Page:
La Iglesia de Nuestra Señora la Reina de los Ángeles
A photograph of the "Plaza Church" taken by William Henry Jackson between 1890 and 1900. The structure incorporated a four-bell campanario ("bell wall") prior to being rebuilt in 1861.
|Location||Los Angeles, California|
|Name as founded||Iglesia de Nuestra Señora la Reina de los Ángeles|
|English translation||Our Lady Queen of the Angels|
|Patron||Mary, mother of Jesus|
|Founding date||August 18, 1814|
|Founding priest(s)||Father Luis Gíl y Taboada|
|Governing body||Roman Catholic Church|
|Current use||Parish Church|
|California Historical Landmark|
|Los Angeles Historic-Cultural Monument|
La Iglesia de Nuestra Señora la Reina de Los Ángeles, or The Church of Our Lady the Queen of the Angels, is a historic Catholic church in the Los Angeles Plaza Historic District in northern downtown Los Angeles, California.
The 'Church of Los Angeles' was founded on August 18, 1814 by Franciscan Fray Luis Gil y Taboada. He placed the cornerstone for the new church in the adobe ruins of the original "sub-station mission" here, the Nuestra Señora Reina de los Ángeles Asistencia (founded 1784), thirty years after it was established to serve the settlement founding Los Angeles Pobladores (original settlers). The completed new structure was dedicated on December 8, 1822. A replacement chapel, named La Iglesia de Nuestra Señora de los Ángeles - for Mary, mother of Jesus or "The Church of Our Lady of the Angels" - was rebuilt using materials of the original church in 1861. The title Reina, meaning "Queen," was added later to the name. For years, the little chapel, which collected the nicknames "La Placita" and "Plaza Church," served as the sole Roman Catholic church in emerging immigrant Los Angeles.
The facility has operated under the auspices of the Claretian Missionary Fathers since 1908.
During the 1980s, the church called itself a sanctuary for refugees threatened with deportation to El Salvador. The sanctuary movement continues: On August 19, 2007, immigration activist Elvira Arellano was arrested outside the church and later deported to Mexico.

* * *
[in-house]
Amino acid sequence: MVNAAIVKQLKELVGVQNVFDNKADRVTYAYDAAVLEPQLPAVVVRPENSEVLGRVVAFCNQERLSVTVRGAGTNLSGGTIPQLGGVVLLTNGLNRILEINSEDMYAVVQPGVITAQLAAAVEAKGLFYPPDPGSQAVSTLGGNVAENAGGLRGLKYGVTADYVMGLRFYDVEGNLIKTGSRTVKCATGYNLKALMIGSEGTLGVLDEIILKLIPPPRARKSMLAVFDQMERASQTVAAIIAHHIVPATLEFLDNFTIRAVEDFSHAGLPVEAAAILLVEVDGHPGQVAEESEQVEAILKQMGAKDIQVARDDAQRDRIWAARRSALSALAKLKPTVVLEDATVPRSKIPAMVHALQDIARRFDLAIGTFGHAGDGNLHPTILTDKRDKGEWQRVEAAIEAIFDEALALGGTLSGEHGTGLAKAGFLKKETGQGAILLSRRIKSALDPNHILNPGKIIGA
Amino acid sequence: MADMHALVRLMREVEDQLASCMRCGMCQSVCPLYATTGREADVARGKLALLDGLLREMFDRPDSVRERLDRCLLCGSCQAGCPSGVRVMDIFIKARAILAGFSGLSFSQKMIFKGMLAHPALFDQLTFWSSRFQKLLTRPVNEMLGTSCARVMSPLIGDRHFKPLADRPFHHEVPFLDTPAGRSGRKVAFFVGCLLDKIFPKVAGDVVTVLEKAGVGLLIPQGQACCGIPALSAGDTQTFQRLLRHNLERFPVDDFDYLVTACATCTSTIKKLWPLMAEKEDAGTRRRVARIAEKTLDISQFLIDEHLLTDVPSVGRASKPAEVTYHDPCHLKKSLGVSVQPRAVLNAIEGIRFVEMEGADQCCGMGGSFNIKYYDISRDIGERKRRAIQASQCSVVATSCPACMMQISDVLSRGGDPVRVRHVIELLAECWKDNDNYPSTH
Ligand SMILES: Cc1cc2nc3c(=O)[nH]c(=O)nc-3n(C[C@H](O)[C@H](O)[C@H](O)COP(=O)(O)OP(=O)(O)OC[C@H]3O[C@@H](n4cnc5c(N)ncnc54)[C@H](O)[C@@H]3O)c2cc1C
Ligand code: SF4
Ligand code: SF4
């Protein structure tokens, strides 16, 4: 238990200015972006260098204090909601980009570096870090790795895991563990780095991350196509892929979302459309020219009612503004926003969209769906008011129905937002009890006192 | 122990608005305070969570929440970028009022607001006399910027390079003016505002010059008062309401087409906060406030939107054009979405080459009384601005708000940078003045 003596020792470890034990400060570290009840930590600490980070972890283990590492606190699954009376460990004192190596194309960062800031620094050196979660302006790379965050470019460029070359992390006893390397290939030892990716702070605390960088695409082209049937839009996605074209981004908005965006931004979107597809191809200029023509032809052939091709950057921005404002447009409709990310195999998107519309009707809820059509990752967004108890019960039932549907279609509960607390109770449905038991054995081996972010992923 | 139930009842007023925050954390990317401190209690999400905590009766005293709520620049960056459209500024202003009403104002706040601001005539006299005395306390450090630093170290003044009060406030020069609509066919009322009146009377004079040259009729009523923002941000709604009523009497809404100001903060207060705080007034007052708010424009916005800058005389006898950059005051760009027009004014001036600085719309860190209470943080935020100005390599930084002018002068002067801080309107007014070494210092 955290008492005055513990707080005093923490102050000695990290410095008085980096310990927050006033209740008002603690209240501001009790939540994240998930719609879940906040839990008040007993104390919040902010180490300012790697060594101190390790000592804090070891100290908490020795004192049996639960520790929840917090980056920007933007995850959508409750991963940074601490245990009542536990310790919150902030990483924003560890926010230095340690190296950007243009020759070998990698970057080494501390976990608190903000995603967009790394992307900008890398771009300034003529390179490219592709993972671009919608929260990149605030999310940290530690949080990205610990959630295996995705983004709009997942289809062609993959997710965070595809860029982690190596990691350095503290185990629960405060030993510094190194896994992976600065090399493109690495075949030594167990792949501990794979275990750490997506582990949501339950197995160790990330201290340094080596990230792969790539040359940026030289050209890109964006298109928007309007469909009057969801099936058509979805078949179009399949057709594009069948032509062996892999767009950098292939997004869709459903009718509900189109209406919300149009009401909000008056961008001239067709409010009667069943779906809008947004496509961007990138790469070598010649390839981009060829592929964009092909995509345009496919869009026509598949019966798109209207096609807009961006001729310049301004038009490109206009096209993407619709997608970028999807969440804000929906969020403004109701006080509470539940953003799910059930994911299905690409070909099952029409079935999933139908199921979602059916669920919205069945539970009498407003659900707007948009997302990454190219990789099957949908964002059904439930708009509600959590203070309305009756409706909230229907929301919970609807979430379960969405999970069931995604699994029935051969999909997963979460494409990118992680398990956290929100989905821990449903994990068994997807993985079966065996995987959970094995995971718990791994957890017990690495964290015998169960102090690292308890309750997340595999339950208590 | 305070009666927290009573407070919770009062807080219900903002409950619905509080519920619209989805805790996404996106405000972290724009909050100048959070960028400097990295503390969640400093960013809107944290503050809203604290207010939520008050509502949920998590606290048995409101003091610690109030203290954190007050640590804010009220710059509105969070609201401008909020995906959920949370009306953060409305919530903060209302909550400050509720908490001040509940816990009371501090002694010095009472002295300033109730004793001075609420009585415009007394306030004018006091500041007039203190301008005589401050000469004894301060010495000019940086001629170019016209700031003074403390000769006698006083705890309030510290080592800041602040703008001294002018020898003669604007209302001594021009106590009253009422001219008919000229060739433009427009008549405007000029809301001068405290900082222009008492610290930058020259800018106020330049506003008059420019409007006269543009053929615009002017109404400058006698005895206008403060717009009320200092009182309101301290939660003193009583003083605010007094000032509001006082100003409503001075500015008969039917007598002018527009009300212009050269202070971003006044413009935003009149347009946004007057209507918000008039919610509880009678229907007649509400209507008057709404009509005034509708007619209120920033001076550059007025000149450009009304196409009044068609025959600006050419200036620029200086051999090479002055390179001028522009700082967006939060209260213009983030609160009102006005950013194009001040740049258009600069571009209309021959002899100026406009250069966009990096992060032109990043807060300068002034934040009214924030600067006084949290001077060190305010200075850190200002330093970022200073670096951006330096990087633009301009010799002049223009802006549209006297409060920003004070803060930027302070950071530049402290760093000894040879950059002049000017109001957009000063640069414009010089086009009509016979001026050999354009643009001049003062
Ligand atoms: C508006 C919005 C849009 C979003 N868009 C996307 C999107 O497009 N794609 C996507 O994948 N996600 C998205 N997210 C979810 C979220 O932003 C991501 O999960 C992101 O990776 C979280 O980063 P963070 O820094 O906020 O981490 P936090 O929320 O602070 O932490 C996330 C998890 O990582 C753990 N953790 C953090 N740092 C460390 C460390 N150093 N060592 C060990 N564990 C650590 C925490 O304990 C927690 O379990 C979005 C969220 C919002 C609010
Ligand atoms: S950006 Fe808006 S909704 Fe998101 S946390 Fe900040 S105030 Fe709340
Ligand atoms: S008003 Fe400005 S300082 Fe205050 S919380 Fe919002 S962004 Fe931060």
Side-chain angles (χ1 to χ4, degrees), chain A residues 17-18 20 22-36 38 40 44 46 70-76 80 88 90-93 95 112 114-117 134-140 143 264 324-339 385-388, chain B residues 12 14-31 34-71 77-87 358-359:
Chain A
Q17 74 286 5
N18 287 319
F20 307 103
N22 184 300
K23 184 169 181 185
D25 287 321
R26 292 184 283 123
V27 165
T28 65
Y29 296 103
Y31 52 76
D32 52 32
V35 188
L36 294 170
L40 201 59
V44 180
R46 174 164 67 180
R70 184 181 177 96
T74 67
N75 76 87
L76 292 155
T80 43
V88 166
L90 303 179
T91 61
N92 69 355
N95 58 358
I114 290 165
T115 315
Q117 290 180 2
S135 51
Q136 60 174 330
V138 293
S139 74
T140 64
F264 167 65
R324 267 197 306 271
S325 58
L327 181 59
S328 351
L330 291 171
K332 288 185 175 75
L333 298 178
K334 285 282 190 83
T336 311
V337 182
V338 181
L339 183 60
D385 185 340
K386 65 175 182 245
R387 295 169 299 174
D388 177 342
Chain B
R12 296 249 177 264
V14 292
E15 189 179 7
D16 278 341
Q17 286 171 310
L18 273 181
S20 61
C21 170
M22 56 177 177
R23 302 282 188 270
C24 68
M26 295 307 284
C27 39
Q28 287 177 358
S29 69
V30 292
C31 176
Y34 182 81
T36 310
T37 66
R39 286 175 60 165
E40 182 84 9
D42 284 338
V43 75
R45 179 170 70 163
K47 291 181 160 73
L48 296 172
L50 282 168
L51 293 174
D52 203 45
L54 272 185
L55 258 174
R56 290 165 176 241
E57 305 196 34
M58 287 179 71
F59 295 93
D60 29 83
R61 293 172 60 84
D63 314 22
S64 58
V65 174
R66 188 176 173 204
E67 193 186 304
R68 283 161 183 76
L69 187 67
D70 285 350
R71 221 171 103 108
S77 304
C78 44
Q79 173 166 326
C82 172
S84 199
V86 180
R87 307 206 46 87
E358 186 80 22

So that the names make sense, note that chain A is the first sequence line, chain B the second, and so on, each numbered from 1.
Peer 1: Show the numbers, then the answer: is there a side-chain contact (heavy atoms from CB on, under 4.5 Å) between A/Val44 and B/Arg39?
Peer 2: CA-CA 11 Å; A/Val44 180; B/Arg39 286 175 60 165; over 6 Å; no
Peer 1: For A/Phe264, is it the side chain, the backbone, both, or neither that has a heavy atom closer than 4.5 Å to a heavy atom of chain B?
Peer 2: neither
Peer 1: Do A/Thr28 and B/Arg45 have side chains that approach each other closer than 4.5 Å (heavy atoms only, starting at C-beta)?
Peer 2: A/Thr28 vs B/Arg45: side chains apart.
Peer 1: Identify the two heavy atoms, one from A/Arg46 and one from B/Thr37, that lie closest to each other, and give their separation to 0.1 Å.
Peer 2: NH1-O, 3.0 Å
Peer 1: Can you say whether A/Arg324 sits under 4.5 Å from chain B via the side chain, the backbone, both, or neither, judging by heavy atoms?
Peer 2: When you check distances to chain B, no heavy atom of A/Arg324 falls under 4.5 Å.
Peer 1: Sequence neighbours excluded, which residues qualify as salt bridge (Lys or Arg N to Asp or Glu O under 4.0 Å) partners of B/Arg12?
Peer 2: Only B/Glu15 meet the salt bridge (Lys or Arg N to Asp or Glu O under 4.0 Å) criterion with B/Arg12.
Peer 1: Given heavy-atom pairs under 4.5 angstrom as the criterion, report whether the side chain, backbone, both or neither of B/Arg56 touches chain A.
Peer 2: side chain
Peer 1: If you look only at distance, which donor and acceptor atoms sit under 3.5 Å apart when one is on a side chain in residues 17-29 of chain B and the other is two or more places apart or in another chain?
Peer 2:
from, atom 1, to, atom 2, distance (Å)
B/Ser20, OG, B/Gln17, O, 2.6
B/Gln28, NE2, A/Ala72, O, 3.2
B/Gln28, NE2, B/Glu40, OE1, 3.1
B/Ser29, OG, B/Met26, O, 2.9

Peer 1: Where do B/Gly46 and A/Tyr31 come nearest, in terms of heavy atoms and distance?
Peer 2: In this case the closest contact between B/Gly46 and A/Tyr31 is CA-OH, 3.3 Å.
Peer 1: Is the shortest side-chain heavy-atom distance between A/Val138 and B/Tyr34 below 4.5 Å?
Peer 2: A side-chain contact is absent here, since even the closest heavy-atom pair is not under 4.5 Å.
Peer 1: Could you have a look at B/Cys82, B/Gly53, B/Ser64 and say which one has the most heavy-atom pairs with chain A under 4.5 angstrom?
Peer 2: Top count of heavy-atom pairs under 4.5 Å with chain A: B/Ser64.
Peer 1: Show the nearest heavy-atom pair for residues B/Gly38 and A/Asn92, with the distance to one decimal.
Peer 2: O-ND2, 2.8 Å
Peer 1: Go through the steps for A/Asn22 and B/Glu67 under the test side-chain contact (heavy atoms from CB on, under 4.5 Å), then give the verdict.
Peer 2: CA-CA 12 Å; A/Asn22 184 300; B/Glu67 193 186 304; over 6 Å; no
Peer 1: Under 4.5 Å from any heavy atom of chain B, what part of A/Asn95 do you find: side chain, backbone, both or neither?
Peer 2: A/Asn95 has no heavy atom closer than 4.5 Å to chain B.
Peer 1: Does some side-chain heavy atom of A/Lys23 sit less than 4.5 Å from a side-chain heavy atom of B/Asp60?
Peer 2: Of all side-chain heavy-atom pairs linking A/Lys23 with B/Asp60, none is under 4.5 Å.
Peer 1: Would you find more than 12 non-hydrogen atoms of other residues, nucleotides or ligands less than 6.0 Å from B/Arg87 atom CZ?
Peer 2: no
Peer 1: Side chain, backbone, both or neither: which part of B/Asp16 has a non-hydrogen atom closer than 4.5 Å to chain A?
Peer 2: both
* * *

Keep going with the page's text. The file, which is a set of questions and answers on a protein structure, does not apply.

The "Old Plaza Church" facing the Plaza, 1869. The brick reservoir in the middle of the Plaza was the original terminus of the Zanja Madre.
The façade of Nuestra Señora Reina de los Ángeles in 2007.
- Los Angeles Plaza Historic District
- Olvera Street
- List of Los Angeles Historic-Cultural Monuments in Downtown Los Angeles
- History of Los Angeles, California
- USNS Mission Los Angeles (AO-117) — a Mission Buenaventura class fleet oiler built during World War II.
- Sanctuary movement
|Wikimedia Commons has media related to Nuestra Señora Reina de los Angeles (California).|
- Nuestra Señora Reina de Los Angeles — photo gallery
- Sanctuary Movement — history of New Sanctuary Movement — webpage
- El Pueblo de Los Angeles Historical Monument — City of Los Angeles
- Miller, Henry and Harry Knill (ed.) (2000). California Missions: The Earliest Series of Views Made in 1856. Bellerophon Books, Santa Barbara, CA. ISBN 0-88388-119-5.
- Ruscin, Terry (1999). Mission Memoirs. Sunbelt Publications, San Diego, CA. ISBN 0-932653-30-8.
- "Directory for Missions and other Hispanic Sites". California Mission Studies Association. Archived from the original on 2007-04-02. Retrieved 2007-05-30.
- Miller and Knill, p. 1
- Los Angeles Department of City Planning (September 7, 2007). Historic - Cultural Monuments (HCM) Listing: City Declared Monuments (PDF). City of Los Angeles. Retrieved 2008-05-29.
- California Mission Studies Association
- Ruscin, p. 49.
- Ruscin, p. 50.
- #144 California Historical Landmark